Blue Light Special On Streamer Binging
Hollywood CEOs tell investors they'll slash prices, but more importantly not escalate the content budgets powering hit shows -- or any shows
The Hollywood moguls who run the industry’s dominant streaming services sent out a surprising message in recent weeks: They all intend to slow down spending on exclusive new streaming series and movies.
Warner Bros. Discovery’s David Zaslav, Disney’s Bob Chapek, Netflix’s Ted Sarandos and Paramount’s Bob Bakish never met in person to discuss how to avoid runaway streaming spending to lure subscribers. They didn’t have to. Studio chief executives used quarterly earnings calls with Wall Street analysts to make their point.
And one by one over 22 days, Hollywood CEOs scaled back on what Morgan Stanley projected will be $140 billion spent this year on streaming programming — after recognizing the limits of streaming subscriber growth, including Netflix’s surprise loss of 200,000 customers last quarter.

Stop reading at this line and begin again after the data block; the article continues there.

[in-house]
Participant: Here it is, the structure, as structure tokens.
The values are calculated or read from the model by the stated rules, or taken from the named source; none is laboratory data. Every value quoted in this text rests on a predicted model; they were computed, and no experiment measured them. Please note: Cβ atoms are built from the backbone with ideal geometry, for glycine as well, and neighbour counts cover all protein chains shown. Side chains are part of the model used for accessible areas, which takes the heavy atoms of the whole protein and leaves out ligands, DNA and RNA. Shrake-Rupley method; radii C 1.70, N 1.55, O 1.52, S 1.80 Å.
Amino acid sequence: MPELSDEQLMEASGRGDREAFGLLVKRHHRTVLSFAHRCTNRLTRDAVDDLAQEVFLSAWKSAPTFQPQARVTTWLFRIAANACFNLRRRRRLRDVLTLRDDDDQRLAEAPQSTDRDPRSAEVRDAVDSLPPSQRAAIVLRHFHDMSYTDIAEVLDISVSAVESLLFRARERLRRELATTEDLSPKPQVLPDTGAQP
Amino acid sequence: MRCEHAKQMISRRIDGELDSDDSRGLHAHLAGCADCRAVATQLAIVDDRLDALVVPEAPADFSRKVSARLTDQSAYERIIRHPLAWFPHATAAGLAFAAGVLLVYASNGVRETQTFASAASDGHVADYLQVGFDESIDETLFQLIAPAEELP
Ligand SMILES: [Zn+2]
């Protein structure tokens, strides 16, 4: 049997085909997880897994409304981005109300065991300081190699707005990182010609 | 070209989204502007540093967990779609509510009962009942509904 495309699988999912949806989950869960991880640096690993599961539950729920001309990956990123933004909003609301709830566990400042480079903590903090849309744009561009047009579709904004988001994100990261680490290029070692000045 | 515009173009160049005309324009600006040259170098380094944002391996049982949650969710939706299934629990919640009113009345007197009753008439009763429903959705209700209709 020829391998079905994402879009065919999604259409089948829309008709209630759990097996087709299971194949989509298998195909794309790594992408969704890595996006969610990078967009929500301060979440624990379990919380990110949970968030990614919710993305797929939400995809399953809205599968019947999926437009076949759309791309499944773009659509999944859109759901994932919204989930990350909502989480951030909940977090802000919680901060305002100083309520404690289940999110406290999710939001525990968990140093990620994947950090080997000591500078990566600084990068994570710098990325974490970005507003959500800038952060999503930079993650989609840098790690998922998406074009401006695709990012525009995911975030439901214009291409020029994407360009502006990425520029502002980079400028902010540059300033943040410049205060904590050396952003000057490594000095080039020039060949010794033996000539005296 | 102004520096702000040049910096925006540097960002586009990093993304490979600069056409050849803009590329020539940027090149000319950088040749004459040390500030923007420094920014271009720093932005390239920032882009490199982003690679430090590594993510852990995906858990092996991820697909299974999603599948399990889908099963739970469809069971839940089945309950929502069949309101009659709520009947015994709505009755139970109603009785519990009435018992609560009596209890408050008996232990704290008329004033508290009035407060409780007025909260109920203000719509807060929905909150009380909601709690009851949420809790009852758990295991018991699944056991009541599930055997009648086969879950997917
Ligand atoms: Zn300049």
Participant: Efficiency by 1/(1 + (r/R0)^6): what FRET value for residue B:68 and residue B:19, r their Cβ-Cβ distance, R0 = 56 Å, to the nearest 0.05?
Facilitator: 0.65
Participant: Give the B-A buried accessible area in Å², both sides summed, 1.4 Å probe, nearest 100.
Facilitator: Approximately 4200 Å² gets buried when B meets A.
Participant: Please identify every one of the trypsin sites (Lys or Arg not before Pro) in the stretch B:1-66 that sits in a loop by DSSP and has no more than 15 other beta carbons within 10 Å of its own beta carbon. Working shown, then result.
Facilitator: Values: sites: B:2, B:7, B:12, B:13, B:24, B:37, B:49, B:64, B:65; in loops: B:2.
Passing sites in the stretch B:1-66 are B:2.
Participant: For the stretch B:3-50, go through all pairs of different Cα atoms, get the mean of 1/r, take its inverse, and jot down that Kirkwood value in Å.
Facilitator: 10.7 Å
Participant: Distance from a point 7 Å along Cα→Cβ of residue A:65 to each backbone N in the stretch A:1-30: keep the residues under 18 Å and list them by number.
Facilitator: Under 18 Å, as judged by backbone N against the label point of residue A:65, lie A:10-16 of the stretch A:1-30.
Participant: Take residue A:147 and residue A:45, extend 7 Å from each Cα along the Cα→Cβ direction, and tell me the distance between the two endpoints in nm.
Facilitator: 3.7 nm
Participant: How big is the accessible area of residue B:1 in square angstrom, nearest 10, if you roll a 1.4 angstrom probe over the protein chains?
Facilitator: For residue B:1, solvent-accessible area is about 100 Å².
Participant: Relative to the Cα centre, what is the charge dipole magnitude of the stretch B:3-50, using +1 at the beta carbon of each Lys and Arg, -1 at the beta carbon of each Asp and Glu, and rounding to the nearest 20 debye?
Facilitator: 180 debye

As Lightshed Partners analyst Richard Greenfield put it, “Investors have soured on direct-to-consumer streaming as losses pile up while Netflix’s dramatic slowdown in the past six months has undermined the idea of achieving the necessary scale to drive robust profitability.”
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Sarandos, the longtime creative force behind Netflix shows, seemed unwilling to throw in the towel during the company’s conference call with Wall Street analysts even after reporting its stunning loss of subscribers: “Look, I think we’ve got to continue to invest in content…” But his own chief financial officer, Spencer Neumann, quickly corrected the narrative by stating, “We’re pulling back.” (The company soon announced layoffs, dropped multiple projects in development and signaled further belt-tightening.)